Setting aside allegations of bias and error stemming from the arbitration panel’s exclusion of evidence, the SDNY confirmed a FINRA arbitration award in Rubenstein v. Advanced Equities, Inc., Case No. 13-Civ-1502(PGG) (S.D.N.Y. March 31, 2014).
In March 2007, Advanced Equities, Inc. (“AEI”), a private equity firm, recruited several brokers to join its recently-opened New York City office. The brokers were presented with employment contracts that guaranteed them the greater of a minimum draw or a “gross commission” payout. In connection with their employment agreements, the brokers executed promissory notes, pursuant to which AEI agreed to make a loan to the each broker that would be forgiven over the first five years of employment but that would become immediately due and payable upon the employee’s termination.
The brokers believed that AEI violated their employment agreements throughout their employment. By late 2009, all of them had either resigned from or been terminated by the company. The brokers initiated a FINRA arbitration against AEI and its parent company, asserting various claims including breach of contract, breach of FINRA rules, and fraud.
A critical issue at the arbitration was the meaning of the term “gross commissions.” The brokers contended they were entitled to commissions based on the total cash compensation that AEI received from the brokers’ transactions. AEI contended that the term referred only to the cash remaining after deducting the costs of overhead and non-commissioned employees.
The arbitration panel conducted twelve pre-hearing sessions and sixty hearing sessions that took place over thirty-two days. Altogether, it heard testimony from twenty-two fact witnesses and three expert witnesses.
Following the hearing, the panel denied four of the five brokers’ claims in their entirety, and as to the fifth granted only $18,000 in compensatory damages. The panel also awarded AEI compensatory damages against each of the brokers on the ground that their employment contracts provided for prejudgment interest and attorneys’ fees for any action involving collection on the promissory notes.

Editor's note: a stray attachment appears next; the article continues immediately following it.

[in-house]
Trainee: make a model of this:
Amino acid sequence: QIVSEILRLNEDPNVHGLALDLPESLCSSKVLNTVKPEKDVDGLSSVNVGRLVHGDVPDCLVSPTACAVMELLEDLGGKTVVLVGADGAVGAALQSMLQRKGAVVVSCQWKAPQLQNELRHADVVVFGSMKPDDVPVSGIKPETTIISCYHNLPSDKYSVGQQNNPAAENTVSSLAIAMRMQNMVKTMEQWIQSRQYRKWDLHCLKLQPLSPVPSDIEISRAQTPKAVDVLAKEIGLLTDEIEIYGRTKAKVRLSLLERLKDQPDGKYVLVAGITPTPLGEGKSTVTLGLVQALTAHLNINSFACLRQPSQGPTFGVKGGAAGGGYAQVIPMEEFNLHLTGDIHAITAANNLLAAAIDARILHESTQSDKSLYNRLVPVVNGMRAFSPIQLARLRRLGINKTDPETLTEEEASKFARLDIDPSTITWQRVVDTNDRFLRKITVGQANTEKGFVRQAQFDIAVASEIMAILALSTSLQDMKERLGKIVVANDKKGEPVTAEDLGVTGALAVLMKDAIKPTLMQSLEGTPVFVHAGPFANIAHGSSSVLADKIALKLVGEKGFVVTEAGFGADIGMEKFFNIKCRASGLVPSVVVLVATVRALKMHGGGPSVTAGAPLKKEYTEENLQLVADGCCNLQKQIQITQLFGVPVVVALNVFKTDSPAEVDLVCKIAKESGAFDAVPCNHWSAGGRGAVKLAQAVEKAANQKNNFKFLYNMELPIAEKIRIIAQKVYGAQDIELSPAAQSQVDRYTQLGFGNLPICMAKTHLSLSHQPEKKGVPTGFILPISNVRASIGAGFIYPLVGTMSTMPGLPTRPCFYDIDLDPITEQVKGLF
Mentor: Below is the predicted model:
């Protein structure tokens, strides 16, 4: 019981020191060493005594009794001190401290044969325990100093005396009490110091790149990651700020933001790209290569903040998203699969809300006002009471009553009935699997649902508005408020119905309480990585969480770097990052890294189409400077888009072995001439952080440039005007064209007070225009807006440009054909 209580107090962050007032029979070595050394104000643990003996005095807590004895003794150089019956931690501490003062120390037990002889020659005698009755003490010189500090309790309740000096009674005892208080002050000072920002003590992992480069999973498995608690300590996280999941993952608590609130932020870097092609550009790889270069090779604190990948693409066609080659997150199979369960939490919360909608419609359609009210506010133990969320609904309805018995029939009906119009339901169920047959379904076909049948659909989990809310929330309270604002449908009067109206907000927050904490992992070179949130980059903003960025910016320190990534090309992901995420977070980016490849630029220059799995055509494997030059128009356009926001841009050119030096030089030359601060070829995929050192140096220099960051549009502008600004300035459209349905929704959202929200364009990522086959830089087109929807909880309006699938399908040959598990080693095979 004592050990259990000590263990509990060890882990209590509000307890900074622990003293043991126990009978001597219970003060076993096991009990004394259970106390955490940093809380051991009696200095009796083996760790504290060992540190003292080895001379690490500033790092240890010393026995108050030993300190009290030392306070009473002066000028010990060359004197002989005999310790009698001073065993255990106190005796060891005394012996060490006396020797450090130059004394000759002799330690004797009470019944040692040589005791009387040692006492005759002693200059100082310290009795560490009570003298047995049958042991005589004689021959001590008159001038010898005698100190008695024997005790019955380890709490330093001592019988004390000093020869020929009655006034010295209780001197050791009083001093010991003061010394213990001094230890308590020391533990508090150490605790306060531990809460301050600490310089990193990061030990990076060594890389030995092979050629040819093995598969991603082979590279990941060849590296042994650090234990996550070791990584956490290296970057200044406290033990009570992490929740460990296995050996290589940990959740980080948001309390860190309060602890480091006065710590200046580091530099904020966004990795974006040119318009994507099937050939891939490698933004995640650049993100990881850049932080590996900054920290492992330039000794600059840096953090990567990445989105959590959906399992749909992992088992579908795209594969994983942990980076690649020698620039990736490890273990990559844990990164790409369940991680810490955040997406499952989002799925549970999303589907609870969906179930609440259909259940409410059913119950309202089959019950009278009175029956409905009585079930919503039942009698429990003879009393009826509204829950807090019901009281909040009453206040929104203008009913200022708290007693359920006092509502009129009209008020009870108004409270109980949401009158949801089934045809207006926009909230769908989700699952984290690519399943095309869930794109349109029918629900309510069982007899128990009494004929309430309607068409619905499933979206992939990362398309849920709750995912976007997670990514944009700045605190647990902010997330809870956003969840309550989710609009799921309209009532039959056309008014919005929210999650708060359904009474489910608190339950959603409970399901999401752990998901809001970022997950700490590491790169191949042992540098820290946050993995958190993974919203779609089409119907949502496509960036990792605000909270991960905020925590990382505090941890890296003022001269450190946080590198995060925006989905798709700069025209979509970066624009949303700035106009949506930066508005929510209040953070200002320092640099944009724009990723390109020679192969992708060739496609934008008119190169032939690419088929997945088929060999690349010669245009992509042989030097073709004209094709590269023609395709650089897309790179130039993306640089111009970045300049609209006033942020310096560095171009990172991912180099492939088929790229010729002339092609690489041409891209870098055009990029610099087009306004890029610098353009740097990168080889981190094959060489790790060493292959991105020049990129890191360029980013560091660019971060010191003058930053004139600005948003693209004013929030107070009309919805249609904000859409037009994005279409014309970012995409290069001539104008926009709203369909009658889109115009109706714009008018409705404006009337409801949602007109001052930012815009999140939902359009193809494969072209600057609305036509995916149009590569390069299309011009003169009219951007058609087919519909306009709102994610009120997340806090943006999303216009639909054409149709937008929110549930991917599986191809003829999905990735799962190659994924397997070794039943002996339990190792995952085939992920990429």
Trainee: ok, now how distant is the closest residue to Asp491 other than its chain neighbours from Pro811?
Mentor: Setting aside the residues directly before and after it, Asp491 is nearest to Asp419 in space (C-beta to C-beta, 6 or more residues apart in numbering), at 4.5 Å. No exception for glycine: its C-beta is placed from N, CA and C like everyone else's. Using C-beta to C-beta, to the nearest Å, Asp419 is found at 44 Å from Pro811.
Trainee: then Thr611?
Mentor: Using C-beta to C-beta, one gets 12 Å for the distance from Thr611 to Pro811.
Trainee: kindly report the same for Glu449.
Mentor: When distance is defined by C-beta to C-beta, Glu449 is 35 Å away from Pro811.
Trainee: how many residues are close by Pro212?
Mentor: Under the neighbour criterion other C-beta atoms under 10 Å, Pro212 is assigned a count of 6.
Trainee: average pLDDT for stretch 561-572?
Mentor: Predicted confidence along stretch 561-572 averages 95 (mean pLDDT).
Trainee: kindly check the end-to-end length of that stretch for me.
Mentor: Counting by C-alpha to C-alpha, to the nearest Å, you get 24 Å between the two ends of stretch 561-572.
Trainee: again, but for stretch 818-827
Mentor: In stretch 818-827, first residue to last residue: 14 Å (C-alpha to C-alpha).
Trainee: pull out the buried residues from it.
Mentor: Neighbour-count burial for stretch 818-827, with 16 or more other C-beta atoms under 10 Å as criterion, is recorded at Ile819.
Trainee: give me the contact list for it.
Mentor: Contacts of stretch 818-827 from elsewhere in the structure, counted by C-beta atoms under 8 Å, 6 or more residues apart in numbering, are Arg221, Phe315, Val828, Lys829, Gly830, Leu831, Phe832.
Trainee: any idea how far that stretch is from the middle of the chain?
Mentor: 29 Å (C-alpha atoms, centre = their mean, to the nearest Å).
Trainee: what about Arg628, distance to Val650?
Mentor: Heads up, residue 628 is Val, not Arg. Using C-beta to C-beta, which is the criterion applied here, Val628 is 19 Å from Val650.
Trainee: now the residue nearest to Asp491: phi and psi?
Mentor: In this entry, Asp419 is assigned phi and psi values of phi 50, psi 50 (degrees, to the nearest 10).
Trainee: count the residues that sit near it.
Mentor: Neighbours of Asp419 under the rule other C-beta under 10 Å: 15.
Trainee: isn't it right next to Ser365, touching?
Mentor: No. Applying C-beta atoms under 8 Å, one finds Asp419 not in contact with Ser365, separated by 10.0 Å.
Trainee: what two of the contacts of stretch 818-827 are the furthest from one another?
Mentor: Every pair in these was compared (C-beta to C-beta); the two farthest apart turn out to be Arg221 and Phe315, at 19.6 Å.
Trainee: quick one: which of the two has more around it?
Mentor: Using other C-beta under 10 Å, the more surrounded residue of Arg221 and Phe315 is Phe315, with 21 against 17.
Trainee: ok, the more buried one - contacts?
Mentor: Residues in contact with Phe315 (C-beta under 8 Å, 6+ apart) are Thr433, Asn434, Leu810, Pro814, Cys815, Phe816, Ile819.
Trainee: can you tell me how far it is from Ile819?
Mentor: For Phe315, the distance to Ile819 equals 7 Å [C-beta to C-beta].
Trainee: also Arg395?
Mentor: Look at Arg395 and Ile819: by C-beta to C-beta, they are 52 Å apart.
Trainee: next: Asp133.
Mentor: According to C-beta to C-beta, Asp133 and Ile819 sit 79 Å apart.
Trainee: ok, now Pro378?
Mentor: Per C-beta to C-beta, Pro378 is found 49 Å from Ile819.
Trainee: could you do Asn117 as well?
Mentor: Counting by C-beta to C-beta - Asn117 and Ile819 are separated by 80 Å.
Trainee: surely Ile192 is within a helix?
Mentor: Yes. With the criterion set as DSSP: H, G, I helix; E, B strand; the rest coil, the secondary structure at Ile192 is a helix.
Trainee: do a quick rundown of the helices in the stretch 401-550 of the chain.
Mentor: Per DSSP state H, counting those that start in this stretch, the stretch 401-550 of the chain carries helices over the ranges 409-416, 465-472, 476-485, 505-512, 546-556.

The brokers moved to vacate the arbitration award in state court, asserting that the panel wrongfully excluded pertinent evidence and acted with manifest disregard for the law. AEI removed the matter to the Southern District of New York.
Before addressing the brokers’ claim that pertinent evidence was excluded, the district court noted that the arbitrators judge the admissibility and relevancy of evidence submitted in an arbitration proceeding and that their refusal to hear evidence does not automatically require the vacatur of an award unless the refusal amounts to a denial of fundamental fairness.
The brokers argued that the panel should not have excluded evidence that AEI brokers in other locations had brought similar claims against the company, but the court held that the panel could have reasonably concluded that the claims of brokers outside the New York office were not pertinent in determining AEI’s liability. The court also ruled that the panel properly excluded the brokers’ evidence of other FINRA awards against AEI due to the general rule that FINRA awards are not considered precedent in other cases. In substance, the court held that the brokers had not demonstrated that the panel’s rulings on the evidence issues were egregious errors or a denial of fundamental fairness. The court also ruled that the panel was not biased, as “evident partiality” may not be shown by alleged errors in the admission or exclusion of evidence – even if the panel had clearly failed to follow the rules of evidence.
The court also explained that the panel’s refusal to admit certain evidence could not justify vacatur of the award on grounds of manifest disregard of the law, in part because the court considered manifest disregard to be a “doctrine of last resort,” but more importantly because a FINRA arbitration panel has great latitude in deciding what evidence to consider.
Because the goal of arbitration is to promote a speedy and efficient resolution of conflicts, arbitrators have a great deal of discretion in making evidentiary rulings and are not required to admit every piece of relevant evidence. Thus, evidentiary rulings are unlikely to constitute the “denial of fundamental fairness” required to overturn an award unless there is a clear showing that the arbitrators favored one side over another.
Scott D. Simon, Goetz Fitzpatrick LLP, New York, New York. This article originally appeared in the ABA Section of Litigation, News & Developments for May 2014.